Proposed changes to the way federal funding flows to public schools have set off a late-session debate in the Florida Legislature.
Proponents of the changes argue money should follow students to whatever school they attend, and school leaders — not district administrators — should decide how the money gets spent.
School districts are fighting to keep their authority to decide where the money goes. They argue the changes would dilute funding intended to help disadvantaged students in schools with concentrated poverty.
In short, it’s a state-level version of the national debate over funding “portability.”
Among other things, the revised bill would remove caps on high-performing charter schools that want to expand in areas with low-performing public schools and move the deadline for charter school applications from August to February.
But two of the most controversial changes would affect how public schools, including charters, receive federal funds, especially money intended to help low-income children.
School district representatives lined up before the Senate panel to oppose provisions that would set an 8 percent cap on administrative expenses tied to the federal Title I program. Districts would be required to send most of the remaining funding to public schools directly.
The changes were first proposed in the House, where an analysis by legislative staff found districts reserved large chunks of federal funding for central-office programs.
In the 2014-2015 school year, Florida school districts received approximately $858 million in Title I funds. Of the $858 million, 48 percent was reserved at the district level for district-wide activities and administration. In the 2014-2015 school year, at more than half of all Florida school districts, a larger percentage of Title I Part A dollars were reserved at the district level for administration and district-wide activities than was allocated to participating public schools. Also, more money was allocated to Title I schools than was reserved at the district level at 75% of all LEAs with no “D” and “F” schools.
State Sen. Bill Montford, D-Tallahassee, offered an amendment to strip the Title I changes out of the bill.
He noted the new federal education law requires school districts to steer the funding to schools where 75 percent or more students are economically disadvantaged. They have the option to steer some resources to disadvantaged students in schools below that threshold, but it’s not required.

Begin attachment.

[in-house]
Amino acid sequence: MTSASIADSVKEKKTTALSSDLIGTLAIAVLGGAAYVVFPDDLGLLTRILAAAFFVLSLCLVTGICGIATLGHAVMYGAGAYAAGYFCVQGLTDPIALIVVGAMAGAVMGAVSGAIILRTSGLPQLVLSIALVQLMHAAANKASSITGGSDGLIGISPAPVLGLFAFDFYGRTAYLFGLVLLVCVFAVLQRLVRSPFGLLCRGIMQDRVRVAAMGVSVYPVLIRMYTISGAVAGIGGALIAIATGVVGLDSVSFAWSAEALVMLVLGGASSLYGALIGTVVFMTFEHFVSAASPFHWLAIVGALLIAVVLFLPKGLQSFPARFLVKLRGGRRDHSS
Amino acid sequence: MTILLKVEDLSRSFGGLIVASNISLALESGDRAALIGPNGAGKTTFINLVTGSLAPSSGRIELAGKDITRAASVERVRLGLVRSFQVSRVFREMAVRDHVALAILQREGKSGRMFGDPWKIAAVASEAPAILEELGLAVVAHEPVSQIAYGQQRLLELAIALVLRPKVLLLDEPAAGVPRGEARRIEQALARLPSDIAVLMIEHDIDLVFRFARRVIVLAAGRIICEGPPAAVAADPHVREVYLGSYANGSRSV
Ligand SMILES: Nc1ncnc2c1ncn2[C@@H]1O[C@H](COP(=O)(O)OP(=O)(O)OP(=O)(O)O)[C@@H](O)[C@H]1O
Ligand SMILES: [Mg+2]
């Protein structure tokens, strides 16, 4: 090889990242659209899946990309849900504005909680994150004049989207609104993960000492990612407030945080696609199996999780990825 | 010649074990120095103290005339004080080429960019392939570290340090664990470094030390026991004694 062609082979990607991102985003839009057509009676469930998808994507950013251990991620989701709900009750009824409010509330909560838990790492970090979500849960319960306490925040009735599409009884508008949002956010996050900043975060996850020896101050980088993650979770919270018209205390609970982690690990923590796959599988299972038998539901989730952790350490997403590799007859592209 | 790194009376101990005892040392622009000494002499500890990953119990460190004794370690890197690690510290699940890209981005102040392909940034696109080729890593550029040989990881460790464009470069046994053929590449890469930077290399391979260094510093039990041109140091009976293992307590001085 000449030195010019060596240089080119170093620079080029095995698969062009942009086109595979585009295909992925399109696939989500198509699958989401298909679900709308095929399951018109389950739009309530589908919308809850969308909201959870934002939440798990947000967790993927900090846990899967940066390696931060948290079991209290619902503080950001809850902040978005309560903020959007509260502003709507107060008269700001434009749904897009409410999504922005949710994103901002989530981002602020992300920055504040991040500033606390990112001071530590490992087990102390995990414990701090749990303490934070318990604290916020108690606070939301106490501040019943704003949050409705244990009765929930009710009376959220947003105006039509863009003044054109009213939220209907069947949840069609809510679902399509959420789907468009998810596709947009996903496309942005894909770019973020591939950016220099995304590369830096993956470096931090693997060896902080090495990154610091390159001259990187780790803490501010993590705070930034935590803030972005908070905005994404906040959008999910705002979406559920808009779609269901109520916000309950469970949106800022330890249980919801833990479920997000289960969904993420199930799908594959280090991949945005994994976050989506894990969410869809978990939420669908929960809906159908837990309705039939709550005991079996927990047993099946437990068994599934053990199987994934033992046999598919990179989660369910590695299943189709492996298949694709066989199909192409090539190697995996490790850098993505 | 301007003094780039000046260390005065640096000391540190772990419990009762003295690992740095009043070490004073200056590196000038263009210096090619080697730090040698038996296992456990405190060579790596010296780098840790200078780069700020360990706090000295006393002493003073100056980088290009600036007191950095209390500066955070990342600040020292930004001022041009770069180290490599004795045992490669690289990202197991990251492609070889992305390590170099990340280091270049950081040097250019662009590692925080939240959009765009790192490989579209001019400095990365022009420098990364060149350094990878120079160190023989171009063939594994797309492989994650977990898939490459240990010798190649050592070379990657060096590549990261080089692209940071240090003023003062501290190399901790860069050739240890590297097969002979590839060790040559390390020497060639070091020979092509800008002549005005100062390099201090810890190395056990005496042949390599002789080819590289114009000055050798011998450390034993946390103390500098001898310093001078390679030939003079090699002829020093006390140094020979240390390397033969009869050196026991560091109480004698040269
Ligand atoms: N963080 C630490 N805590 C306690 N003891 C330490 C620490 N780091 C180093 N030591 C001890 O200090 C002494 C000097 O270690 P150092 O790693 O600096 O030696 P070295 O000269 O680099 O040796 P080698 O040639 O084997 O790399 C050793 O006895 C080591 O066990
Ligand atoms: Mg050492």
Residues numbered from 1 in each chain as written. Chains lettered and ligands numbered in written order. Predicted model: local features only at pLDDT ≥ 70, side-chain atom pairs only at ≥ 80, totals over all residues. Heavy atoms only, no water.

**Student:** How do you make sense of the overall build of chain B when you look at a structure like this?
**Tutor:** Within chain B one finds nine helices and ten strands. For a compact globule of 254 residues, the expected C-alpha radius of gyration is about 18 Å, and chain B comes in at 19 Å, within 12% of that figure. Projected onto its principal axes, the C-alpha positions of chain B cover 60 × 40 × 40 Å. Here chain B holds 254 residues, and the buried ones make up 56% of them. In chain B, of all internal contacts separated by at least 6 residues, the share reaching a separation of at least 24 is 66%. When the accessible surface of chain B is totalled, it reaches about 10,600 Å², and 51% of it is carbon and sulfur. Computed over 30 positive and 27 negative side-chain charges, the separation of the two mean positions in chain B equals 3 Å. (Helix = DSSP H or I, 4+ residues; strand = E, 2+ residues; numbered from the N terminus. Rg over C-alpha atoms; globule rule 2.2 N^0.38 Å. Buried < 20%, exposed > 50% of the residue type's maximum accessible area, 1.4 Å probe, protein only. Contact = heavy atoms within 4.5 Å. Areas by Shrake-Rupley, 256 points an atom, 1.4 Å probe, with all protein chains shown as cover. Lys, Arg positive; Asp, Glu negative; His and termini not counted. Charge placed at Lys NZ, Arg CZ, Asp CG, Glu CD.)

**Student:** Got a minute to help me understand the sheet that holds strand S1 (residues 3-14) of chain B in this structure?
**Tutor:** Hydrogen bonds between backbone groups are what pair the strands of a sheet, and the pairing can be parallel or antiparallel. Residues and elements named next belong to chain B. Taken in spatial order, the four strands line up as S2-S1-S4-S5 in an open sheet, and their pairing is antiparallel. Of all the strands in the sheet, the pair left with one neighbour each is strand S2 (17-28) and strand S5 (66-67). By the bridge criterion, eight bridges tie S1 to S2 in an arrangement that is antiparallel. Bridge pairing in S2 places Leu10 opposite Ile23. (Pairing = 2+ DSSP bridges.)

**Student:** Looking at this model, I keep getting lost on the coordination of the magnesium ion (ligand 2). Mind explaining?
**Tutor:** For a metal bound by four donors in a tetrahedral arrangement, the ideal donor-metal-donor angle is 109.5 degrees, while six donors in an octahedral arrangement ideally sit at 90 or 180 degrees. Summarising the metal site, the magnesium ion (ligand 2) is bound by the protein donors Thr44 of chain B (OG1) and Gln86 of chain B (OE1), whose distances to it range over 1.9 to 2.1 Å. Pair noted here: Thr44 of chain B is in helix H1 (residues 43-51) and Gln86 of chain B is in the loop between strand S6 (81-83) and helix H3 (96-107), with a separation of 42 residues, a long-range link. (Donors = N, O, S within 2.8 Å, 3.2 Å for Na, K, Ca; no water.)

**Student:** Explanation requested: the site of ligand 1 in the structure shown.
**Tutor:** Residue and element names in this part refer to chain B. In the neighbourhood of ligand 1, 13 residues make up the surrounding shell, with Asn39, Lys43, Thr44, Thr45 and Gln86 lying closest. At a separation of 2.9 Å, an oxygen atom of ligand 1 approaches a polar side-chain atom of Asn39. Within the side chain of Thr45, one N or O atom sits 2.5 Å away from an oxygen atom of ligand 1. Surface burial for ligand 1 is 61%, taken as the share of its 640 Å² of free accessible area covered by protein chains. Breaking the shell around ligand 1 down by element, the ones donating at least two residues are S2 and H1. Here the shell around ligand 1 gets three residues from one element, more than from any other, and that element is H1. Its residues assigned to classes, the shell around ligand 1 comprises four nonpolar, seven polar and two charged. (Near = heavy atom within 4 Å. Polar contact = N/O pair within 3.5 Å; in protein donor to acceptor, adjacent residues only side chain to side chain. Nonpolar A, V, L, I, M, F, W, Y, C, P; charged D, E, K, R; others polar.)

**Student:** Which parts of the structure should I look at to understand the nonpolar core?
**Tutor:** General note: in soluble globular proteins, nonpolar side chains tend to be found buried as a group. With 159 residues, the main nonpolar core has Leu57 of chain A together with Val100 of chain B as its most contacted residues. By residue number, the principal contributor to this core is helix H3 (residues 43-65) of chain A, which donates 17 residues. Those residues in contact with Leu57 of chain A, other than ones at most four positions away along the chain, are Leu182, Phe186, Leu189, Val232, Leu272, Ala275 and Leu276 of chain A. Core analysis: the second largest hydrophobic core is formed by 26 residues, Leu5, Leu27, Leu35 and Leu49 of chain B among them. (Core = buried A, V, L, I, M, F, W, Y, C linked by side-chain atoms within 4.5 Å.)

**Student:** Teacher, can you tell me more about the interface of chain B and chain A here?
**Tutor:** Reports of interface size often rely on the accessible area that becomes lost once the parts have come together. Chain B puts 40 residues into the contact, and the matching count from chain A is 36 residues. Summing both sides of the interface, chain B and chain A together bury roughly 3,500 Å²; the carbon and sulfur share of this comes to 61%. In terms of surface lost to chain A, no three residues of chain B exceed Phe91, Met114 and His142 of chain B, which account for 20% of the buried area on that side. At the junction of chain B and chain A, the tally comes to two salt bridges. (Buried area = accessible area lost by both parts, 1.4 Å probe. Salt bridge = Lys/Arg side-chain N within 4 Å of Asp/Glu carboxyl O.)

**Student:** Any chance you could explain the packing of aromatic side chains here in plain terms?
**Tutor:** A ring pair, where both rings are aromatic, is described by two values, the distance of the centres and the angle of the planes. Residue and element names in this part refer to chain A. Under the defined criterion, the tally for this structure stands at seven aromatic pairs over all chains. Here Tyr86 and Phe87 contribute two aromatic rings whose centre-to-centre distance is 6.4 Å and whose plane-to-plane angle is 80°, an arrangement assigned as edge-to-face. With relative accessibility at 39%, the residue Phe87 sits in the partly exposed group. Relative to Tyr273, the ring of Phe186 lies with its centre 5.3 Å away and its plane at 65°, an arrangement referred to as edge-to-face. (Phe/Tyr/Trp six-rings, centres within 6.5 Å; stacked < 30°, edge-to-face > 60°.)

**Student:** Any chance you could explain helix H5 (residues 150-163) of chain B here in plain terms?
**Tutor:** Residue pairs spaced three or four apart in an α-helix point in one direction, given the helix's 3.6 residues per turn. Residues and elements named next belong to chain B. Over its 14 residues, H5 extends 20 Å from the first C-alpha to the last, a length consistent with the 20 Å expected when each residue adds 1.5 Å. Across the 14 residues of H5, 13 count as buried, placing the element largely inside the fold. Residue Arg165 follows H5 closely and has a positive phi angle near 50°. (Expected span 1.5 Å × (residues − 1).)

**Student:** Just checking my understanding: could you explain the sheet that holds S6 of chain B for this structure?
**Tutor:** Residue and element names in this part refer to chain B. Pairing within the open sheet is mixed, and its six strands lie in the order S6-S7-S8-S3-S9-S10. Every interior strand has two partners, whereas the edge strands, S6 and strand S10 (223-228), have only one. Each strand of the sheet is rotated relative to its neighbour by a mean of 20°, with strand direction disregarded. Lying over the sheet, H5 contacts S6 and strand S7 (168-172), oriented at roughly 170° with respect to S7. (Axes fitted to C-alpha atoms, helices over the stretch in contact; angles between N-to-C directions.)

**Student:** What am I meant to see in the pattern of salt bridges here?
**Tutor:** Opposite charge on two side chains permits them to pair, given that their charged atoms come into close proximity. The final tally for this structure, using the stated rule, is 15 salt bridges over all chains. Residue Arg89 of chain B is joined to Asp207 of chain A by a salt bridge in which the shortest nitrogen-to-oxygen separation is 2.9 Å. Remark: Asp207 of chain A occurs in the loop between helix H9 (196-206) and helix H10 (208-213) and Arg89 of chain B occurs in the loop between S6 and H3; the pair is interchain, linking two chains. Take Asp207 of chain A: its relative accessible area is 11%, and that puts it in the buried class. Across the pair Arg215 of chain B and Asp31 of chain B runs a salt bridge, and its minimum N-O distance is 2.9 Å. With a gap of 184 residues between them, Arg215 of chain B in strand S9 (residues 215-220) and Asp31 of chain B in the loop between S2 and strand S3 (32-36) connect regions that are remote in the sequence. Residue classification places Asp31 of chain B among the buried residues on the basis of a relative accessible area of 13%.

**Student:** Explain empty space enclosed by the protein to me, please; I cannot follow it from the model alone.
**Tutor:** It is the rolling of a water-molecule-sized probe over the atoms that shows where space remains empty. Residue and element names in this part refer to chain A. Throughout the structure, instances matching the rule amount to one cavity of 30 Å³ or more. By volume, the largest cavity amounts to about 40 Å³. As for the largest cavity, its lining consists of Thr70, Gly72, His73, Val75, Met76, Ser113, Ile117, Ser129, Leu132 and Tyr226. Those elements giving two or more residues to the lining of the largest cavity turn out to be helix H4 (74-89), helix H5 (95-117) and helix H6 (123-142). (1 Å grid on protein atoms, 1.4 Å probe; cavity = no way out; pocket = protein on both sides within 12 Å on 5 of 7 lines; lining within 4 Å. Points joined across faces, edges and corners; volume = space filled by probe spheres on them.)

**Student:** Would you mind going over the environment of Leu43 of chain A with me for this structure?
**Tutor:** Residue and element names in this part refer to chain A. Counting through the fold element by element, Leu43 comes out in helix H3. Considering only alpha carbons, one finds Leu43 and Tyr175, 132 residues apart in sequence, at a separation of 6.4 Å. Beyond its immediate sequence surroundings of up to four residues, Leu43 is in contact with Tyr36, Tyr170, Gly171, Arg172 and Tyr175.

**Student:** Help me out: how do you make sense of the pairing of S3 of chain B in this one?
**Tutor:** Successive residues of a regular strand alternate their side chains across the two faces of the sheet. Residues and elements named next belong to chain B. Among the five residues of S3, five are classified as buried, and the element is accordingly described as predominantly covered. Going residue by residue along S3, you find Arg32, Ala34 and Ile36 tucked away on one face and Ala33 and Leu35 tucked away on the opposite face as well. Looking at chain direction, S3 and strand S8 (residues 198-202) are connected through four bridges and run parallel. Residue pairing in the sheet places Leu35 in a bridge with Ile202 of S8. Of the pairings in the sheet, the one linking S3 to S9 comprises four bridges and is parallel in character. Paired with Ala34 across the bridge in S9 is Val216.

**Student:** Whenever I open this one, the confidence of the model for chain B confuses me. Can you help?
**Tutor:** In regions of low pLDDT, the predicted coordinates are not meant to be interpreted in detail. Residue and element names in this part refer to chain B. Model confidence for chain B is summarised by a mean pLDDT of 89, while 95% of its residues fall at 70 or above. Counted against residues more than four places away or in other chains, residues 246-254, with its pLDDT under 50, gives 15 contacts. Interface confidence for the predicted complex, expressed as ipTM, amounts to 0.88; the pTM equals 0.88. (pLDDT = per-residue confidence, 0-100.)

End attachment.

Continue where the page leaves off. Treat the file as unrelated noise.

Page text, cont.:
The legislation would require districts to share Title I funding with all schools where the percentage of economically disadvantaged students tops the statewide average — currently 60 percent.
“What this does is, quite frankly, take the same amount of money and spread it over far more schools throughout the state,” Montford said.
Montford is a former Leon County Schools superintendent and, alongside his legislative post, heads the statewide district superintendents association. His amendment failed, despite the backing of several districts.
Marjorie Murray of Seminole County Public Schools said districts can make more efficient use of the funding by concentrating on the highest-poverty schools and creating focused programs, rather than pursuing dozens of separate, school-level initiatives.
“We’ve been able to make it a systems approach, because of you, and because of you trusting our school boards and us to make the right decision,” she told the committee.
But Sen. Kelli Stargel, R-Lakeland, said districts could keep their existing Title I programs in place. Schools would be free to pool their resources, but they wouldn’t have to.
“What this amendment is doing is ensuring that those dollars that were attributed for Title I actually go to the schools … so they don’t go to overhead, but the dollars actually go to the schools with the students that need the assistance,” she said.
Stargel represents Polk County, which is home to the Lake Wales charter school system. Right now, it’s the only charter school network in the state that functions as a local education agency under federal law. That allows it to receive federal funding directly.
A second controversial change in the legislation would allow more charter school networks to function as LEAs — arrangements that are more common in other states, like Texas. Stargel said the current system, in which school districts receive the money and then pass some of it to charters, “requires more overhead, more expense.” The change, she said, would “allow these dollars to go more quickly to the students.”
Montford also tried unsuccessfully tried to eliminate that change, pointing to provisions in the state constitution that give county-wide school boards authority over all free public schools in their geographic areas.
“I think we’re treading on thin ice when we begin to designate other organizations or groups or schools as the local education agency, when in fact, the school board, constitutionally, has the responsibility for those students,” he said.
The legislation passed the committee largely along party lines, with Republicans in support and Democrats in opposition. It’s now teed up for discussion on the Senate floor.
But it received a lone Republican “no” vote that might augur debates to come in the final four days of lawmaking. It came from Sen. Jack Latvala, R-Clearwater, the Senate’s appropriations chairman.